Sherman moves to update building code for first time in a decade
After nearly a decade, Sherman is looking to update its building code. The City Council recently received an update on proposed changes to building regulations that would bring the city up to date with international and other industry-standard code-setting regulations.
The update will take the city away from the 2009 codes – which were adopted in 2011 – and update it to the most recent standard, which was approved and published in 2018.
"Many builders are beginning to use the 2018 code already just because our partners to the south are already requiring this, so we are running into that issue," Sherman Development Services Director Rob Rae said.
The push to update the city's code comes following the city's budget workshop in June when members of the council voice approval of proposed updates to the city Fire Prevention and Protection Code.
"As a part of that update, we were tasked with on the building side also looking at the residence code, building code and everything outside of the fire code as well," Rae said.
The update brings more than 300 new additions to the code, including 100 changes to plumbing and gas guidelines.
Another significant change in the code comes to guidelines regarding spas and pools, which were previous an integrated part of international guidelines. Now, in 2020, the sections related to pools and spas instead refer to a separate international code specific to these items.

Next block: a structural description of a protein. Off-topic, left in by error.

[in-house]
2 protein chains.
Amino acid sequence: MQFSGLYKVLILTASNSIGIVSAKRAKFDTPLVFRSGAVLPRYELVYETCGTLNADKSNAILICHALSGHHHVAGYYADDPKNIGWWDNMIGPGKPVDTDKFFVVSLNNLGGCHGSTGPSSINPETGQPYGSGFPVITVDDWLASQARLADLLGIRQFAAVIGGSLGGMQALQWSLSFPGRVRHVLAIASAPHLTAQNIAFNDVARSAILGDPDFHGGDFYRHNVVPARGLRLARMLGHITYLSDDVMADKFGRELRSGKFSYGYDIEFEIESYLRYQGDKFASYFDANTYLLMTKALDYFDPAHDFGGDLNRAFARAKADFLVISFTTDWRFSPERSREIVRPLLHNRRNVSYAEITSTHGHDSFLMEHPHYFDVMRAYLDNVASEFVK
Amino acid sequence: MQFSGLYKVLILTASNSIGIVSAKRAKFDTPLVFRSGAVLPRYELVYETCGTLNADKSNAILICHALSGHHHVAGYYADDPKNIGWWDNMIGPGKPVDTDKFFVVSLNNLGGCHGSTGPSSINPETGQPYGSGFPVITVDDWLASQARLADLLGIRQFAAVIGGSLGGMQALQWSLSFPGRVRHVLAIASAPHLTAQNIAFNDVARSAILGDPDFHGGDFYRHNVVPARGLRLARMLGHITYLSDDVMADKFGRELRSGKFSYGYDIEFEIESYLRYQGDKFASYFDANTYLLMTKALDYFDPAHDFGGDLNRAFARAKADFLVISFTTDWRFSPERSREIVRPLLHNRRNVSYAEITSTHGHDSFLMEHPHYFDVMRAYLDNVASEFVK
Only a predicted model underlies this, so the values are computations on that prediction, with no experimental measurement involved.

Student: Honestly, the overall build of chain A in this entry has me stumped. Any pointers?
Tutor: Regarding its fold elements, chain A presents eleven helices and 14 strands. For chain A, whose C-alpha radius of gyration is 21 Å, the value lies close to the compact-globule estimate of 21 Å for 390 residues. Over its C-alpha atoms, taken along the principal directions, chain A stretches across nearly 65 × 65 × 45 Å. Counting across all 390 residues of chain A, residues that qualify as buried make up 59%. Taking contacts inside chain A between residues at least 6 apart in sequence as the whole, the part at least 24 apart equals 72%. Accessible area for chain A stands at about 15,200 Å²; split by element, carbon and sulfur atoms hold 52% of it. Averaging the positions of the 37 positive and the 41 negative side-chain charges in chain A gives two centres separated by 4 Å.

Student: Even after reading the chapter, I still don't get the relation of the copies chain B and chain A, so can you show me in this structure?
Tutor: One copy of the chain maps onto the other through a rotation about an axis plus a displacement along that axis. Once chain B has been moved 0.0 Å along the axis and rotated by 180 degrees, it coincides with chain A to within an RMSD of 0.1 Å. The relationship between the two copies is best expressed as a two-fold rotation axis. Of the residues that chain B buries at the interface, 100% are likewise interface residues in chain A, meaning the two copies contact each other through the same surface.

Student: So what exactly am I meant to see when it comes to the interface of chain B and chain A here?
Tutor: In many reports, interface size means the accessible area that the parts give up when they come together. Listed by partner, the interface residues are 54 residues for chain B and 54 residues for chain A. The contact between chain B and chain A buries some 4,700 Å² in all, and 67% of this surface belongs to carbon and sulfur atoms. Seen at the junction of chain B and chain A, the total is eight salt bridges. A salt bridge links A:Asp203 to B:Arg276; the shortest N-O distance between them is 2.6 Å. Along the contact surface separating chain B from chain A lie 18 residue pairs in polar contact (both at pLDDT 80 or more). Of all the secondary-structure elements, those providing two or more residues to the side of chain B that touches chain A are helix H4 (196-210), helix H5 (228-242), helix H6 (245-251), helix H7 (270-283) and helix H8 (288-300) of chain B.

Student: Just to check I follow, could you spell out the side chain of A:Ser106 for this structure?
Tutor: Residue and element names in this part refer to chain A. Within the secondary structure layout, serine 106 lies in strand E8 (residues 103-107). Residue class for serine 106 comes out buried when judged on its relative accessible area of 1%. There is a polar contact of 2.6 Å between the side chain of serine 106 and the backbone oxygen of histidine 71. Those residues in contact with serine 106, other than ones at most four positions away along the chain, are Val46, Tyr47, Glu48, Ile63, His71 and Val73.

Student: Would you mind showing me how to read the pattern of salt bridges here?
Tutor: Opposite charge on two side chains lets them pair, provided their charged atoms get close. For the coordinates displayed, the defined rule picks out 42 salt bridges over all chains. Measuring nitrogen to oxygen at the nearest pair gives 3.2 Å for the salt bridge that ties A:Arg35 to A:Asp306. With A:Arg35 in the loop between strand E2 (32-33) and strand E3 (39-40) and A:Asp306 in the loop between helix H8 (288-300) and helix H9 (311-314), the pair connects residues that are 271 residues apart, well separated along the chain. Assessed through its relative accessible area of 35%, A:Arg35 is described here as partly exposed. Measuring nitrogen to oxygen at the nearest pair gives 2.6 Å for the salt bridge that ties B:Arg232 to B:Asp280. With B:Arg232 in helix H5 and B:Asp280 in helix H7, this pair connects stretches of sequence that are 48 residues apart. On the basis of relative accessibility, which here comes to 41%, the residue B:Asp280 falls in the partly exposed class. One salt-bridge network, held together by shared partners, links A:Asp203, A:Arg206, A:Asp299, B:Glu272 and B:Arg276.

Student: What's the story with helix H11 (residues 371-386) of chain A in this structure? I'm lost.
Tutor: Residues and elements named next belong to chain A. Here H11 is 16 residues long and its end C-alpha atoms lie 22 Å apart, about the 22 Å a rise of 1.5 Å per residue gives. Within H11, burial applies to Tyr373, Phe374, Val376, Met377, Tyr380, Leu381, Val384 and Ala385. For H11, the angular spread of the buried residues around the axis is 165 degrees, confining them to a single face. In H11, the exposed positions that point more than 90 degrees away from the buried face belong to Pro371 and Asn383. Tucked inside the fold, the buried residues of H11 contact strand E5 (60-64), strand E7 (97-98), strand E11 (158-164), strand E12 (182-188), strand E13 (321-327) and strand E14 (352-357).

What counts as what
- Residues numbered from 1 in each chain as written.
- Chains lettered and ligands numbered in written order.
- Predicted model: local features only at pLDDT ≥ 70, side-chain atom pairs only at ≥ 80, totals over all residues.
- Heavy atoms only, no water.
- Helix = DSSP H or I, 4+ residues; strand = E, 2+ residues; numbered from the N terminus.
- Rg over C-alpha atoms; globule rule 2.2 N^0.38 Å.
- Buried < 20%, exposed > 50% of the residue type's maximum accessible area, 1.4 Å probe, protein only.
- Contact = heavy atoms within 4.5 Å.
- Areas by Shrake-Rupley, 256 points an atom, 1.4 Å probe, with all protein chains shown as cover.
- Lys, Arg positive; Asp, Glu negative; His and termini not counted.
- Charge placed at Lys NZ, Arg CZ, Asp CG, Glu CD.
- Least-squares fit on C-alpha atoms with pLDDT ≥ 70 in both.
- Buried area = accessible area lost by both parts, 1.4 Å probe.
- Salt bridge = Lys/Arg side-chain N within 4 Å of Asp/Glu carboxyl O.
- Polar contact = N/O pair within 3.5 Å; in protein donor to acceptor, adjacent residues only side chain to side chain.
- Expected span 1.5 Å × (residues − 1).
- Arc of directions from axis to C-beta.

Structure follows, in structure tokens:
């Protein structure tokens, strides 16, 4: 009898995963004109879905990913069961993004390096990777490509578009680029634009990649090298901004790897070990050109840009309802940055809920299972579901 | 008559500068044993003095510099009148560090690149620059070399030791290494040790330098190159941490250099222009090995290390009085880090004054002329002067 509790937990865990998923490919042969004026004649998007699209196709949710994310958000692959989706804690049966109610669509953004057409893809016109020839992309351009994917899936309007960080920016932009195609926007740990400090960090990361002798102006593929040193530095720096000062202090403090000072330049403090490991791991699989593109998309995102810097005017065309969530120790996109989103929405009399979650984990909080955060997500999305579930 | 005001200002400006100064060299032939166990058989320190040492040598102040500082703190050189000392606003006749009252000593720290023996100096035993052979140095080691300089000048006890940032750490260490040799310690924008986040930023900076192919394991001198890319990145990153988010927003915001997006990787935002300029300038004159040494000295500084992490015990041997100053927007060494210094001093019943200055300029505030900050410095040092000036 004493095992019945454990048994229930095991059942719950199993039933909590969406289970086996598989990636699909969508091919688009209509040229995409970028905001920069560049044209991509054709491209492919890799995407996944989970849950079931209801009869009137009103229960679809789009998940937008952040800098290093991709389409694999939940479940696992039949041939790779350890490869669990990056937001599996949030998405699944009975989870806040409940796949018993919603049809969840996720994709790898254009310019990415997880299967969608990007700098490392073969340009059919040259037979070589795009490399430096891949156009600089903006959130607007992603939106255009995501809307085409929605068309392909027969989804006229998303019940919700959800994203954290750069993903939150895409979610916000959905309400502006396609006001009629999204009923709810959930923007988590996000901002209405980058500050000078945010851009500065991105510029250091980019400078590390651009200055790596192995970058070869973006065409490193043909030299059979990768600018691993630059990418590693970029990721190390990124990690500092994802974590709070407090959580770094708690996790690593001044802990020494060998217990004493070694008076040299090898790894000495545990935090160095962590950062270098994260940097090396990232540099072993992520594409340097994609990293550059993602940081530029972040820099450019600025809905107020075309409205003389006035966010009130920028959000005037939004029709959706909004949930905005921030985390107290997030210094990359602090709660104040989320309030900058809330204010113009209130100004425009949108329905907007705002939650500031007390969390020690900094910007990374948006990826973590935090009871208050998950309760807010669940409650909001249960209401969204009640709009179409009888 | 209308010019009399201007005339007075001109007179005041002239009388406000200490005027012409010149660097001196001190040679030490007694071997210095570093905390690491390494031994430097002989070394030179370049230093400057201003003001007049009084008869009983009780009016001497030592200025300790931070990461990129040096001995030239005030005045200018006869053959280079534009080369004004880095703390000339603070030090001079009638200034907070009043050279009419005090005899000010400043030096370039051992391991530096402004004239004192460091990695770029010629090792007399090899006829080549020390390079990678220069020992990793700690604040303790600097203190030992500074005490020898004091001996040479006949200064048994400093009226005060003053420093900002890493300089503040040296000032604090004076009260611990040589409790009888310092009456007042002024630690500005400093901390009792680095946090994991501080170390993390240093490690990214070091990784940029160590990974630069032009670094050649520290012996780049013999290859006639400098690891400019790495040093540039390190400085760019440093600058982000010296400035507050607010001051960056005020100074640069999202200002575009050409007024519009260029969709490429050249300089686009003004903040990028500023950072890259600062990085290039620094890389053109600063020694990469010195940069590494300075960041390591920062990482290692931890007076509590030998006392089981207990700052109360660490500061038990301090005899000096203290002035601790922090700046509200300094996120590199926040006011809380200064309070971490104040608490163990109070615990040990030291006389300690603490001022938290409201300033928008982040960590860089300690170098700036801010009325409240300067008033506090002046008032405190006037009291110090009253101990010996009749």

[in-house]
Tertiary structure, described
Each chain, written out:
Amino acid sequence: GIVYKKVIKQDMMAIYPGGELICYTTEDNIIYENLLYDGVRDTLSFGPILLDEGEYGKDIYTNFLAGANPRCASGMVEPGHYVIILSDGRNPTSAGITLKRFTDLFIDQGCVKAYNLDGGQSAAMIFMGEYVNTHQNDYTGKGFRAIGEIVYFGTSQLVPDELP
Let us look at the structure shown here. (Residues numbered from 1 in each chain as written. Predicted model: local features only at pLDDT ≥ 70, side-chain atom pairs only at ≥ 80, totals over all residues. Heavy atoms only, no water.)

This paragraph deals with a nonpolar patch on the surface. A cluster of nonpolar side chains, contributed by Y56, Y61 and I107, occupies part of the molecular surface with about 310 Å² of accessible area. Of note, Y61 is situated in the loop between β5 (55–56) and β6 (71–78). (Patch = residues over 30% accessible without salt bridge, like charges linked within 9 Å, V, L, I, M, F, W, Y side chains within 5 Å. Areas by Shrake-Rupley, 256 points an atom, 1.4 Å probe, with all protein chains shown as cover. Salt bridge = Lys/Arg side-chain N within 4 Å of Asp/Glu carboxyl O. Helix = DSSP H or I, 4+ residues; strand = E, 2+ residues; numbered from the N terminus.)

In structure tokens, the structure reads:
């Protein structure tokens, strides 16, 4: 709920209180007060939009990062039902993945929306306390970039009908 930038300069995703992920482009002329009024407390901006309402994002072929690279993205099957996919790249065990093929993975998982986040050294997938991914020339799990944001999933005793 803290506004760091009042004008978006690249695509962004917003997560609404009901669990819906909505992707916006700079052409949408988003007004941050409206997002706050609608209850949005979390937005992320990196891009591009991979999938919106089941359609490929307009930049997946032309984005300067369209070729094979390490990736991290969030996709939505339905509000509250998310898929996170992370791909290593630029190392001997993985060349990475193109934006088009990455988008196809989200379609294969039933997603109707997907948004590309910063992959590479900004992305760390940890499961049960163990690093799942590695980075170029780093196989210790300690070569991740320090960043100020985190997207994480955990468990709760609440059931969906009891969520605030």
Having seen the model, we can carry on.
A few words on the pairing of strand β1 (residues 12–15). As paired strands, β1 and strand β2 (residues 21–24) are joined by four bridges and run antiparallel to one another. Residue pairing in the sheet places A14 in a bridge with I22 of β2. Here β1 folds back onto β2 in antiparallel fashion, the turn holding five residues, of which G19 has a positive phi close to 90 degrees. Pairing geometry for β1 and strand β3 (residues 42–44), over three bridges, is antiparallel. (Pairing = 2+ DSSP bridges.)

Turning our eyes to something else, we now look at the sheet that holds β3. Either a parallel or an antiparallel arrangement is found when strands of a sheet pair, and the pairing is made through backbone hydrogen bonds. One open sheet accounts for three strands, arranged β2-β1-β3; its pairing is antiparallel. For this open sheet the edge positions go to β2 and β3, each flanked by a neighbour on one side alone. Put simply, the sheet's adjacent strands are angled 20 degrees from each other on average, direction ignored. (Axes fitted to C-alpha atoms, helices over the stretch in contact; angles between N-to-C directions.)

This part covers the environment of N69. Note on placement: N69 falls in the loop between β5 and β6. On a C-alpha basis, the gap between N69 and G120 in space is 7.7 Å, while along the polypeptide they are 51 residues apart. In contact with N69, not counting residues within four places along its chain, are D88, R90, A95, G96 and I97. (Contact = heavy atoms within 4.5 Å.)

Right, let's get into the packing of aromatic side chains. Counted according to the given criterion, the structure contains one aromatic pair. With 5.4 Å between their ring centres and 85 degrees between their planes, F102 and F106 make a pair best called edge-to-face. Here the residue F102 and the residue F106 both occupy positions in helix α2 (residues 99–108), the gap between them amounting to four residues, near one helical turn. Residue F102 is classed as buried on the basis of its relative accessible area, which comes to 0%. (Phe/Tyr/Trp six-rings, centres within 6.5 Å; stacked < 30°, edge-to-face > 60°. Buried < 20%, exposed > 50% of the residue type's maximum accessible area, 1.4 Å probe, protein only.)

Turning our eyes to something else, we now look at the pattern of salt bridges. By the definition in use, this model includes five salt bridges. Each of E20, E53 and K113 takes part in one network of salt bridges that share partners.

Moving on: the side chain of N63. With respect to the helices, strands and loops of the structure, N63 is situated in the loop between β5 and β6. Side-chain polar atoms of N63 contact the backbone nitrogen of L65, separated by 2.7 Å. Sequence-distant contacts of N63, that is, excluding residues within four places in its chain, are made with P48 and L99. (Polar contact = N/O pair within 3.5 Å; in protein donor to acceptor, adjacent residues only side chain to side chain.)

With this change, the city will now need to adopt this separate pool code.
Council member Pam Howeth asked if any of these changes, including the pool code, would be a surprised or undue hardship on local developers.
Sherman Building Official Larry Bollier said most developers, especially those who work in the Dallas-Fort Worth Metroplex already are familiar with these updates.
"Everyone else is used to it, we are just the ones who are behind right now," Bollier said.
Other concerns were raised about how this would affect existing buildings that were compliant under previous code. Bollier said these buildings should raise no issues and do not need to worry about the new code as it would not apply unless significant changes in use or major renovations took place.
"They are pretty well safe where they are at," he said.
Council member Josh Stevenson, who has previous work in the engineering field, lauded the recommended update as a simple way to increase safety in Sherman construction.
Many of buildings being made by builders who work to the south are designed for these standards. However, when they are built in Sherman, these features are left out, he said.
"It won't be any additional cost to them because that's what these houses are designed for," Stevenson said. "From that standpoint, it is a no-brainer to increase it because we are getting safer houses for our citizens are no real additional cost."
The updates are expected to be adopted in a future City Council meeting.